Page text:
We still had to get back, so retraced our tracks back to the bottom of the path where we were picked up.

The tiny lochans were still there
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Pano on the way down
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Below, the little shed at the landing spot
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Thank goodness for the GPS, as although we had both looked back and worked out where the pole that marks the top of the path must be, neither of us could recognise anything on our return.

We stopped on the way home to get some bits and pieces from the petrol station. I took a long time, because I didn’t realise there was an upstairs with things like shower gel, which we needed, but R had thought that maybe I had been looking for some sort of presentation gift and that the shower gel was all I could find.
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“No, it’s not a commemorative gift for you," I said “It’s for US, unless you want to go in and find some shower gel for heroic women to give to me.”

We were so lucky with the weather. We had been desperate to get all remaining three hills done, so would have gone ahead in anything short of thunder or a tornado, but the sun shone all the final two days, and the midges mostly left us alone. It has needed nine trips to Harris and Lewis to complete all forty four Marilyns, and we have loved every minute.

My new hobby of weather watching kept us busy when we were too tired to walk, and resulted in four Editor’s Picks. The one of the beach near Leverburgh ended up on the 6.30. news, and on Countryfile . Apparently it looked like the Carribean (not surprising since I had knocked the dial on my camera and had taken it on sunset mode. )

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If I had been better at organising I would have organised a group of 14 people to rent Eishken Lodge for a week. That way, you get use of boats, dinner B & B for £64 per person per night. i.e. £6500 for a week and at least 14 people, but maybe they would let more people come and cut the cost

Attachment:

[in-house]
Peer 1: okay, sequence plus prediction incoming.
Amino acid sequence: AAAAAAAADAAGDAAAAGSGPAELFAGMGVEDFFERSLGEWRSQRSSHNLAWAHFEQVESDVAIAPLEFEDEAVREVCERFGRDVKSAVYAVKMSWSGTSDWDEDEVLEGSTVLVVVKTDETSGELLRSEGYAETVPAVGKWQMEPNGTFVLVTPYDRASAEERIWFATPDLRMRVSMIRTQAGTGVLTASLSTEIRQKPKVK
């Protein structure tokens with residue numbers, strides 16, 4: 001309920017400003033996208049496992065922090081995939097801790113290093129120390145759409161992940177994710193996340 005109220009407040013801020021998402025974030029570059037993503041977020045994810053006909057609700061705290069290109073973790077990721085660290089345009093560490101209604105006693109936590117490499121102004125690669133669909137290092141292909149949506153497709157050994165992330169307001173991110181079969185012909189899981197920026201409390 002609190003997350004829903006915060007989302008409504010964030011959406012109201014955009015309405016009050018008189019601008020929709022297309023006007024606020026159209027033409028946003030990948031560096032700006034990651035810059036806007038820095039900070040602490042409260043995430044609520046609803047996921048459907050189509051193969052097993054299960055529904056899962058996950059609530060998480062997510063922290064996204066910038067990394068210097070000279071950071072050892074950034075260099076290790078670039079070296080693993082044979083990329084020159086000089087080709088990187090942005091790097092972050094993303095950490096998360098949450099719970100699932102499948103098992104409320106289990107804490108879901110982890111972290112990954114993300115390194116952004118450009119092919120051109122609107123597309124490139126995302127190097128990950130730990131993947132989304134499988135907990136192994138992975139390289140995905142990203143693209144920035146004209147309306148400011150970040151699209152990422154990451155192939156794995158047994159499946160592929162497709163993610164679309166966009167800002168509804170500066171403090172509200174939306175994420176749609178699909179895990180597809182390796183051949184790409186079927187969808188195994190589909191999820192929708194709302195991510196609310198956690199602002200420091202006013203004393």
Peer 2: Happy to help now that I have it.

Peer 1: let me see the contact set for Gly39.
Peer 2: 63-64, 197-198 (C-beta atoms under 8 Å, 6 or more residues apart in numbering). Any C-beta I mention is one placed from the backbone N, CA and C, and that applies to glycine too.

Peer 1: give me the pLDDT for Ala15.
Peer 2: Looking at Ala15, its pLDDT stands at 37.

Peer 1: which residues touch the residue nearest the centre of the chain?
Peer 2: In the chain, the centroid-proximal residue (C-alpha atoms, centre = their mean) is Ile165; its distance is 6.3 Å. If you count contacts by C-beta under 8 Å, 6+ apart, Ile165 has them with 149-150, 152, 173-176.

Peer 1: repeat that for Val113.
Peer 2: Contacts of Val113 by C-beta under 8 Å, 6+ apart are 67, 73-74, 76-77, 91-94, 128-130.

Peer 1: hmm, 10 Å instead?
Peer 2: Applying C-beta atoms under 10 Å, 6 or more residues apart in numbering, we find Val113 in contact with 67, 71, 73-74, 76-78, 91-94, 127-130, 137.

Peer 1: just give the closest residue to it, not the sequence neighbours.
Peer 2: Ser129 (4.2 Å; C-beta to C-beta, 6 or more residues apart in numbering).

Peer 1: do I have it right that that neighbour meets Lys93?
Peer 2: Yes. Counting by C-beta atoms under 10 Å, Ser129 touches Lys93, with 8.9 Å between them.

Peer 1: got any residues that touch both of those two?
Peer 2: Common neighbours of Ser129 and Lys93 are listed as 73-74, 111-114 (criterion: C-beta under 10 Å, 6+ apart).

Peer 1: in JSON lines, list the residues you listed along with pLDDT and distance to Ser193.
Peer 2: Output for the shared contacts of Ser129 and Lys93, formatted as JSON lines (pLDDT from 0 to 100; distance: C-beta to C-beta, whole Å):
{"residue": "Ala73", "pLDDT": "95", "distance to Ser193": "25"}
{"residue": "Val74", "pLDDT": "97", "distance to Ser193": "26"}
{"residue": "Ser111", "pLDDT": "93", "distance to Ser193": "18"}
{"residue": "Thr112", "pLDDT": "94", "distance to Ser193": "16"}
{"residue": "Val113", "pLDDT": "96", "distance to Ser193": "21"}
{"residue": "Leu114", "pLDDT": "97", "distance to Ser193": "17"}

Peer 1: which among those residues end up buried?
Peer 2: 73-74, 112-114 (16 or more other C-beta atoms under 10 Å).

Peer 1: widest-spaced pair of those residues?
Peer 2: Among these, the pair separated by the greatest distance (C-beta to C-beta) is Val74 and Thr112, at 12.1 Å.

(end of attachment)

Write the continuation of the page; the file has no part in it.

http://www.eishken.com/rent/

However, I didn't suppose I could get 14 people to agree to come.


EDITED:SOME STATS
Muaithabhal: 6.9 Miles, Ascent= 2414 feet
Gormol: 8.2 miles Ascent= 3425 feet
Usinis 5.1 miles Ascent=1387 feet

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Comments: 32



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Sgurr


User avatar
Location: Fife
Activity: Mountain Walker
Mountain: Last one climbed
Place: Home
Gear: Headtorch
Camera: Panasonic Lumix TZ60
Ideal day out: A few new hills in (mostly) sunshine in (mostly) good company...and an eagle or two.
Ambition: Lifelong hill walking.

Munros: 282
Corbetts: 222
Grahams: 219
Donalds: 89
Wainwrights: 94
Hewitts: 120
Sub 2000: 568



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Statistics

2018

Trips: 3
Distance: 27.6 km
Ascent: 1221m
Donalds: 2
Sub2000s: 5

2017

Trips: 4
Distance: 26.9 km
Ascent: 4252m
Sub2000s: 5
Hewitts: 1

2016

Trips: 1
Sub2000s: 7

2015

Trips: 1
Sub2000s: 5

2013

Trips: 1
Distance: 49.6 km
Ascent: 2370m
Sub2000s: 4


Joined: Nov 15, 2010
Last visited: Oct 17, 2018